The genetic basis for the hypermutability of all the P. aeruginosa mutator CF isolates was investigated by performing complementation studies and by sequencing the MMR system genes. The main results are shown in Table Table3,3, and the complete allelic profiles of MMR system genes are shown in Table S1 in the supplemental material. Of the 15 hypermutable strains, 13 (86.6%) were found to be defective in either mutS (7) or mutL (6). As shown in Table Table3,3, in most cases (11 of the 13 strains), the MMR system-deficient mutator isolates contained directly inactivating mutations (frameshifts or stop codons) in mutS or mutL. As expected, in all cases, sequencing of the nonmutator isolates that preceded or followed the mutator isolates revealed the presence of identical mutS or mutL alleles except for the inactivating mutation. In the two remaining MMR-deficient isolates (22-20 and 21-19.5), missense mutations were responsible for the mutator phenotypes (Table (Table3).3). The mutS-deficient isolate 22-20 contained two nonsynonymous substitutions in mutS, A187S and R306C, although the former was also detected in the preceding nonhypermutable isogenic isolates. These results show that the previously undescribed R306C substitution, involving a highly conserved residue located in DNA binding domain IV (13), must be primarily responsible for the inactivation of MutS in this strain. The A187S substitution was also found in the preceding nonhypermutable isogenic isolates of mutS-deficient (4-bp insertion) isolate 13-19 (Table (Table3).3). Nevertheless, this polymorphism is apparently frequent in mutator isolates in several other different collections (8, 11, 21). This suggests that it may have a potential effect on MutS activity that should be explored further. The results for patient 21 are particularly interesting. Early nonhypermutable isolates (21-0.5 and 21-10.7) were followed by two sequential mutS-deficient isolates (21-14.3 and 21-15.2) and a final mutL-deficient isolate (21-19.5) (Table (Table3).3). All the isolates were found to be isogenic by PFGE, suggesting that there was independent emergence of two different mutator lineages during the chronic infection. Intriguingly, isolate 21-19.5 harbored two missense mutations in mutL, neither of which was present in the preceding isolates, despite the fact that the allelic profiles were otherwise conserved (see Table S1 in the supplemental material). It seems unlikely that acquisition of both missense mutations is required for the inactivation of MutL, since there are hundreds of possible mutations leading to one-step gene inactivation. A more likely explanation is that one of the mutations leading to MutL inactivation was selected first and that the second mutation was selected afterwards in the mutator background as a compensatory mutation to restore a potential deleterious effect of the first mutation. The emergence of two independent mutator genotypes apparently also occurred for patient 8, in which an early weak mutator (not MMR deficient) was followed by a mutS-deficient isogenic lineage (Table (Table33).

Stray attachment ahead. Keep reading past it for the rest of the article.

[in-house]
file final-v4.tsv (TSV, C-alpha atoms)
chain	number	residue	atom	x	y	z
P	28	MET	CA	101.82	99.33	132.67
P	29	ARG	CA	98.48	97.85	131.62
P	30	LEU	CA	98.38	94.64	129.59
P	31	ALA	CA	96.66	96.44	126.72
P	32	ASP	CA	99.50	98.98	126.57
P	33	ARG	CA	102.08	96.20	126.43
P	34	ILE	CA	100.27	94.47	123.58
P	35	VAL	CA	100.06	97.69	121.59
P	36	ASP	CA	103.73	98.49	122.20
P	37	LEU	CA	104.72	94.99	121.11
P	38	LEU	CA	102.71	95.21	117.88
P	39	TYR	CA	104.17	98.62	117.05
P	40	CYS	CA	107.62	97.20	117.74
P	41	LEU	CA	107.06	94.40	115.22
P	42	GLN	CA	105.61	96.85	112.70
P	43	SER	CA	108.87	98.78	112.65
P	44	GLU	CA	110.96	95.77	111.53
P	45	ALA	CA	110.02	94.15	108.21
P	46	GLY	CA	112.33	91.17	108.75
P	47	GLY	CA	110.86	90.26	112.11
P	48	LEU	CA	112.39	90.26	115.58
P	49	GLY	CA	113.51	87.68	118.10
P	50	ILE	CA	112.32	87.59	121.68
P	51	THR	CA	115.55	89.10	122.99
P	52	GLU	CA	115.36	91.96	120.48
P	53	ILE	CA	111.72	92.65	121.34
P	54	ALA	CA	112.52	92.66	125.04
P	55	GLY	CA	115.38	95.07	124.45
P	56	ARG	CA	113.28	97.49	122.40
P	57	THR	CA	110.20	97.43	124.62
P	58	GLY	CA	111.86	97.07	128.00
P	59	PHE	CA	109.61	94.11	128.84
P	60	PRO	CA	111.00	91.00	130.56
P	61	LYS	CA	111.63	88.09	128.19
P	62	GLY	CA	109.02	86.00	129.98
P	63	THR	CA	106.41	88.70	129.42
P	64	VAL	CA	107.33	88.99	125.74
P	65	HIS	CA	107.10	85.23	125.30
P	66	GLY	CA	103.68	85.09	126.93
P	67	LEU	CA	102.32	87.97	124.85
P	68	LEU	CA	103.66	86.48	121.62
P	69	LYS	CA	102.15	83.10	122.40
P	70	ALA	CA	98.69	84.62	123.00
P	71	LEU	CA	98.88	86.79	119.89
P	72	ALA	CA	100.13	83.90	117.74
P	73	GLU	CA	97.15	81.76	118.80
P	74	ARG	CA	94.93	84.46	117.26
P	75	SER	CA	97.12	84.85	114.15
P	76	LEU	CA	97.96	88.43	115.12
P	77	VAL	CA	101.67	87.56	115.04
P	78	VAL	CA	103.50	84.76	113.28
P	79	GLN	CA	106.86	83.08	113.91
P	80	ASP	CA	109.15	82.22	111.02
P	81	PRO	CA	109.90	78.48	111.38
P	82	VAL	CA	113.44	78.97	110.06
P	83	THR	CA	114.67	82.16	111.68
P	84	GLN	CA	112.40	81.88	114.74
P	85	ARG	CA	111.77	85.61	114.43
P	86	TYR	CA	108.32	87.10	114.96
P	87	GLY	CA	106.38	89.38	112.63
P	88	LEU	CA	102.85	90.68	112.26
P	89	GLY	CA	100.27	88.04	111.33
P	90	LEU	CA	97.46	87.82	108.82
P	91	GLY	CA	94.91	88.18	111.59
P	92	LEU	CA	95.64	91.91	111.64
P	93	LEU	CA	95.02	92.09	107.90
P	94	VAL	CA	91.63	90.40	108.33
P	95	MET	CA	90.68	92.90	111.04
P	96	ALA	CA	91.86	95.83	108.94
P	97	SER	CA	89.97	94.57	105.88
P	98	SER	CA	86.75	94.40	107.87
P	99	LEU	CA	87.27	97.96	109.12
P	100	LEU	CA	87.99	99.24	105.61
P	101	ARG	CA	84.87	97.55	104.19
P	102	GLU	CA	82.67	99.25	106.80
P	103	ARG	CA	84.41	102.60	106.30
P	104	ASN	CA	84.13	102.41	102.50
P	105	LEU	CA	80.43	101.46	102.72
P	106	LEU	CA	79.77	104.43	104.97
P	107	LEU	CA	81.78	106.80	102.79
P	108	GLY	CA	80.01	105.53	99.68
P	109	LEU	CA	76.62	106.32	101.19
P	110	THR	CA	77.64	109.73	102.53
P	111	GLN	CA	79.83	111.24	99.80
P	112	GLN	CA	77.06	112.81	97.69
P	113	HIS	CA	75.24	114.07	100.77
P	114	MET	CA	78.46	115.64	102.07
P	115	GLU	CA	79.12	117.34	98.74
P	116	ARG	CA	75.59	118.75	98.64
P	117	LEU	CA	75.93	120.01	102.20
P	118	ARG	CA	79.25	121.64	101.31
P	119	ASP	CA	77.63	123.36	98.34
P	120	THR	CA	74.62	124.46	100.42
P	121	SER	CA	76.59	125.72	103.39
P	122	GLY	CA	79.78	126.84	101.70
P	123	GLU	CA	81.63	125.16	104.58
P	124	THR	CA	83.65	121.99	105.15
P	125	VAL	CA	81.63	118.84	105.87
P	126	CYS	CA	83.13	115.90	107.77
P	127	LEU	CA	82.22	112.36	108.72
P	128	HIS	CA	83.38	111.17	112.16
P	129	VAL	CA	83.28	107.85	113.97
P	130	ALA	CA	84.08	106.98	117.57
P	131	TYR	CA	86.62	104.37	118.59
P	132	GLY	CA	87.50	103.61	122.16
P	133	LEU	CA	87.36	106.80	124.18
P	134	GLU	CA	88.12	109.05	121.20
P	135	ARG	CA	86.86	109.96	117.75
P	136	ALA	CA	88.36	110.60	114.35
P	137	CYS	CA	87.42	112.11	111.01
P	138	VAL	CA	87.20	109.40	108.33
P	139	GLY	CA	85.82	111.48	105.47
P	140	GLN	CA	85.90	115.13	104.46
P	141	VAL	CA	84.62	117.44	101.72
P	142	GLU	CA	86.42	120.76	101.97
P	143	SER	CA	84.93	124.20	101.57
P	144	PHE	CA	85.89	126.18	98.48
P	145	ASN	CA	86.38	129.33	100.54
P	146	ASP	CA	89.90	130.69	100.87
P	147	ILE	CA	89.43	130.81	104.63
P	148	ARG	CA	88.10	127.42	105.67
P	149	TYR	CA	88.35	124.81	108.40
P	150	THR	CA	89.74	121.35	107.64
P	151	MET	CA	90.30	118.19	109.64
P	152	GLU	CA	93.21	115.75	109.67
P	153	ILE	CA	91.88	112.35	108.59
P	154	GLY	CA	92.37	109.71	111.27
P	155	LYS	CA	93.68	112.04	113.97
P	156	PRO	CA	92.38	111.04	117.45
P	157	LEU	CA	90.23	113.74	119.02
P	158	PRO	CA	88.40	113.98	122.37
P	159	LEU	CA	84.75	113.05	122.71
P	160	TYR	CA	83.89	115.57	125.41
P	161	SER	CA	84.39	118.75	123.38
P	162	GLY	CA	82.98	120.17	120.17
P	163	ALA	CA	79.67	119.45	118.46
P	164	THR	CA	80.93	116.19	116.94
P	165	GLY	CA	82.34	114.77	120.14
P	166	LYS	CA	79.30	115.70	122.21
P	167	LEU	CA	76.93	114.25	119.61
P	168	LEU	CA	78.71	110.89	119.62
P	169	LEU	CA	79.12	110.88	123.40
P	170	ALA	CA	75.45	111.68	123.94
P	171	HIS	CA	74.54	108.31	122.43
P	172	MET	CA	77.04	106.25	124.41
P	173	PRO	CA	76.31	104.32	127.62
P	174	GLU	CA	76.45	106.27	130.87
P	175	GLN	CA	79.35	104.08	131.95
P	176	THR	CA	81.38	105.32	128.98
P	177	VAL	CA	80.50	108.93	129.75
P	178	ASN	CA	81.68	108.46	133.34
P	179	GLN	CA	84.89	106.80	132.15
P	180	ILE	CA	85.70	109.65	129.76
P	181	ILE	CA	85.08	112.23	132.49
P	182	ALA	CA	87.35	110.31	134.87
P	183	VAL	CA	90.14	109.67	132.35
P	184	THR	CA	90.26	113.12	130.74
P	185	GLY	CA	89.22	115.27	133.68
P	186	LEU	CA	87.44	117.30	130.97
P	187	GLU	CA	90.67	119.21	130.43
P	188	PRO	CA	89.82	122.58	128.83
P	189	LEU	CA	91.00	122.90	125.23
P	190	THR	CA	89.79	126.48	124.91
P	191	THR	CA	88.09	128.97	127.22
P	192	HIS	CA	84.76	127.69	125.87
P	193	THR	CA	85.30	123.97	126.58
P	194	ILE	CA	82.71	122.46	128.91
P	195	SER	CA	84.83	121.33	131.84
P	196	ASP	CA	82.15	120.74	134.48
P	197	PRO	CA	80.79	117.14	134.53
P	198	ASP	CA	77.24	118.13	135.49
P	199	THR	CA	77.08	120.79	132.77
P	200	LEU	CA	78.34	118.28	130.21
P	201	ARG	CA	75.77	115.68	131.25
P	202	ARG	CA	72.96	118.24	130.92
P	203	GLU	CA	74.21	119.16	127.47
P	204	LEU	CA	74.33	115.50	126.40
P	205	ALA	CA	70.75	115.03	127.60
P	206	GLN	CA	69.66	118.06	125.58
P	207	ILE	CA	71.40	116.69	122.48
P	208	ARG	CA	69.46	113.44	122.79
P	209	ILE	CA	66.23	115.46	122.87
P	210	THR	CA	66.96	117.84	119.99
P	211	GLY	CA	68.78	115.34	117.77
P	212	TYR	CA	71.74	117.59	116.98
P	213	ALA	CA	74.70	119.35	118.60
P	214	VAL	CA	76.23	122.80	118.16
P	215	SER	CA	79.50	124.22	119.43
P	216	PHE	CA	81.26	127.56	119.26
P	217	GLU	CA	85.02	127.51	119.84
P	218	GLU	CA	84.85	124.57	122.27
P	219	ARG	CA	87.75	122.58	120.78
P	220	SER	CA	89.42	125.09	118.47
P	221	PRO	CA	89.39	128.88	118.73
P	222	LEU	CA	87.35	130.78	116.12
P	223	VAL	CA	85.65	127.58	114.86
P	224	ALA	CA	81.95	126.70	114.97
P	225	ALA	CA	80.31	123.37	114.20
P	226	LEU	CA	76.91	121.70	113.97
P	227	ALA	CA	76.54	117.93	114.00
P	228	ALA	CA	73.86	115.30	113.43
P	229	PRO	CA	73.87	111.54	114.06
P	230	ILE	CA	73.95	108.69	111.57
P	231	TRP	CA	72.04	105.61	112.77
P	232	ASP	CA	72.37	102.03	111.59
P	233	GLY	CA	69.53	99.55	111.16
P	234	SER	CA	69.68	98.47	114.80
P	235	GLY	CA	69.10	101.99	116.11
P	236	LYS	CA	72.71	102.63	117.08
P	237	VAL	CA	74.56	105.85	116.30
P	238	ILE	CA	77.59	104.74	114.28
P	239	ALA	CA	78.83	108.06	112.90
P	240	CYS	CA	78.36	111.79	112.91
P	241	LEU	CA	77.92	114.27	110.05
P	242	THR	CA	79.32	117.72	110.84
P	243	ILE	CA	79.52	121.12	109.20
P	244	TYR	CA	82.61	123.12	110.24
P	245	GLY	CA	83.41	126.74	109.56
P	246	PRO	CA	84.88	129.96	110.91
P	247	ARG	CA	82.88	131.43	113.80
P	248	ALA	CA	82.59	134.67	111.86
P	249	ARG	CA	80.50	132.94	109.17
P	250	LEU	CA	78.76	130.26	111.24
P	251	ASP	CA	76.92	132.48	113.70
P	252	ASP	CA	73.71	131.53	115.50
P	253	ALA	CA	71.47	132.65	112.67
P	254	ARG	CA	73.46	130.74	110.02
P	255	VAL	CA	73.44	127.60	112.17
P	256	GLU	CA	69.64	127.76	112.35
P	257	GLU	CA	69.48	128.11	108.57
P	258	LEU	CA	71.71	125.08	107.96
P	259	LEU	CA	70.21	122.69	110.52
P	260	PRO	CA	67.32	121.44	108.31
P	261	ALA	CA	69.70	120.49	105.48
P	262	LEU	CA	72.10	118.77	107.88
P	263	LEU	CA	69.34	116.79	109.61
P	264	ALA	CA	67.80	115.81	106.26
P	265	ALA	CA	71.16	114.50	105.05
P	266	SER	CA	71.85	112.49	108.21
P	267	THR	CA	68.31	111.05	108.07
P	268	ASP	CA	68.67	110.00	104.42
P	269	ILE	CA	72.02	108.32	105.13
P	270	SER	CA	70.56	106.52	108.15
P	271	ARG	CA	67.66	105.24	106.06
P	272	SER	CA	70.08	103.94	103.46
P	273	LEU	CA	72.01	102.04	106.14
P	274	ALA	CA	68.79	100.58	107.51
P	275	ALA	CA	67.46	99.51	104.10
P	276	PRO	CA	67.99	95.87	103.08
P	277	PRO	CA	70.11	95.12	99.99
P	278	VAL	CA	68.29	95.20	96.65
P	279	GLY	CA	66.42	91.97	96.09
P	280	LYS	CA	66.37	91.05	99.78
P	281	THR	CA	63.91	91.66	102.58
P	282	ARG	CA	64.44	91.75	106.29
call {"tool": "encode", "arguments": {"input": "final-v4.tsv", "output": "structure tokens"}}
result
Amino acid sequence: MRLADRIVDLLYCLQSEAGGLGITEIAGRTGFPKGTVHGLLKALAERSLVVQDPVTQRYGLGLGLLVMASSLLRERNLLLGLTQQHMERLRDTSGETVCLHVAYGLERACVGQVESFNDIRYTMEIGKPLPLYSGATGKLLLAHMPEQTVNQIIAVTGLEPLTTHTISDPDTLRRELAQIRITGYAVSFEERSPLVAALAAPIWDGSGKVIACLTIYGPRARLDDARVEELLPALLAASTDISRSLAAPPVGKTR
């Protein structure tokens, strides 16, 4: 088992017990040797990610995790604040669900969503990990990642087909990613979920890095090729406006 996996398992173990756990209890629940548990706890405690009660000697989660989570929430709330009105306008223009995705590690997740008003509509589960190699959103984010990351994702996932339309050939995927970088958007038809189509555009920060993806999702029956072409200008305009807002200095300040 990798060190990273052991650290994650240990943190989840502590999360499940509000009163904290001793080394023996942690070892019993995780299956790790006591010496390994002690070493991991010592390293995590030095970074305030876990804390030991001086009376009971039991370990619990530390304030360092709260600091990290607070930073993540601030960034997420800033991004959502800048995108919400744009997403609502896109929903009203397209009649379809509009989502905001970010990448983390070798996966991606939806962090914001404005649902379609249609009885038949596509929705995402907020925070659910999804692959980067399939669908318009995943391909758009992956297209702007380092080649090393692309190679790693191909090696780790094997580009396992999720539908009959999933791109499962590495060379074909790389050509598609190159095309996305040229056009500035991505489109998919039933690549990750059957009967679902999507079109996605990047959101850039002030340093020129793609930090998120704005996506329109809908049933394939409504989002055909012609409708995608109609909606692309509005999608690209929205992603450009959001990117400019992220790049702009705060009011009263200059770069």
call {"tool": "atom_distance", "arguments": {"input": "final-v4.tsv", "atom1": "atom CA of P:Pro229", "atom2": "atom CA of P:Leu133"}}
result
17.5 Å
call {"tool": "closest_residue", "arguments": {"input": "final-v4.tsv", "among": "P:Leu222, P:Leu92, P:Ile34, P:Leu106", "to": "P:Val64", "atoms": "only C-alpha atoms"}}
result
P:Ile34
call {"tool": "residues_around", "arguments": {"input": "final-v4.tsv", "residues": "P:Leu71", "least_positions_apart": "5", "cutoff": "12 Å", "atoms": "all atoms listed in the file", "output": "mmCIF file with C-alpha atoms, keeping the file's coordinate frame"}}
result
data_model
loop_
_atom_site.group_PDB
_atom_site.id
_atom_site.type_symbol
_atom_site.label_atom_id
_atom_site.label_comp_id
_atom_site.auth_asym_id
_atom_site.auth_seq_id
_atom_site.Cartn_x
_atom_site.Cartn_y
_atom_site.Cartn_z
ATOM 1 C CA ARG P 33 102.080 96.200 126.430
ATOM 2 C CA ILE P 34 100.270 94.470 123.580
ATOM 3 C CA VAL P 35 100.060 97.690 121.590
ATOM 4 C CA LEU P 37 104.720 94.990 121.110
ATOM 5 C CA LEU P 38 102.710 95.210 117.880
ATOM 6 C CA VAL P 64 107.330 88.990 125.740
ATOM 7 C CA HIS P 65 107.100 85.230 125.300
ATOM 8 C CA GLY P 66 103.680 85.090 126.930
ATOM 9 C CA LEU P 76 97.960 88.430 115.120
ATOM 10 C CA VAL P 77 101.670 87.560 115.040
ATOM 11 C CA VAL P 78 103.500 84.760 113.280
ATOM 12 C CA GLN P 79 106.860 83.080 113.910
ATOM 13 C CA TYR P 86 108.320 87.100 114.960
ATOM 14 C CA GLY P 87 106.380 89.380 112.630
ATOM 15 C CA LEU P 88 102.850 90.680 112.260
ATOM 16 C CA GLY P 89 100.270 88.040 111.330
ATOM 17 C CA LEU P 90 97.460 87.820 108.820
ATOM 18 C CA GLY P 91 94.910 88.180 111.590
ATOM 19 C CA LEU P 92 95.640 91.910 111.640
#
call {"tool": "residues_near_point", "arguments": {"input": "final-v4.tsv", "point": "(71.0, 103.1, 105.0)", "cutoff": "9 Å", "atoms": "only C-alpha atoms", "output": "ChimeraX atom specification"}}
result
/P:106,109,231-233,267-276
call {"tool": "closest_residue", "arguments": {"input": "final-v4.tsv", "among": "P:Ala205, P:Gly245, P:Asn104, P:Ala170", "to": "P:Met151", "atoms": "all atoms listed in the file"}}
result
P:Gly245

TABLE 3.
Results for mutation frequencies, complementation studies, and sequencing of MMR system genes in the CF mutator isolates

Hypermutation and genetic adaptation to the airways of CF patients.

In order to analyze the effect of hypermutation during the process of genetic adaptation to the airways of CF patients, we recorded the mutations that accumulated in mutator and nonmutator isolates. Initially, we analyzed the data for patient 1. A total of 68 mutations were detected in the latest isolate (isolate 35, 96 month of age) that were not present in the earliest isolate (isolate 1, 6 months of age) by whole-genome (6.5 Mb) sequencing, and only 8 of these mutations were synonymous mutations (34). Interesting, the vast majority (42 of 68) of the detected mutations were present only in the mutator isolates (isolates 32 to 35) selected during the last 36 months of the 90-month period evaluated. On the other hand, the last nonhypermutable isolate (isolate 31, 60 months of age) had accumulated only 26 of the 68 final mutations in a longer period (54 months, from 6 to 60 months of age). According to these data, the established rate of accumulation of mutations per year of infection was notably higher in the period in which mutators were selected (14.0 mutations per year) than in the preceding period in which only nonmutators were present (5.7 mutations per year).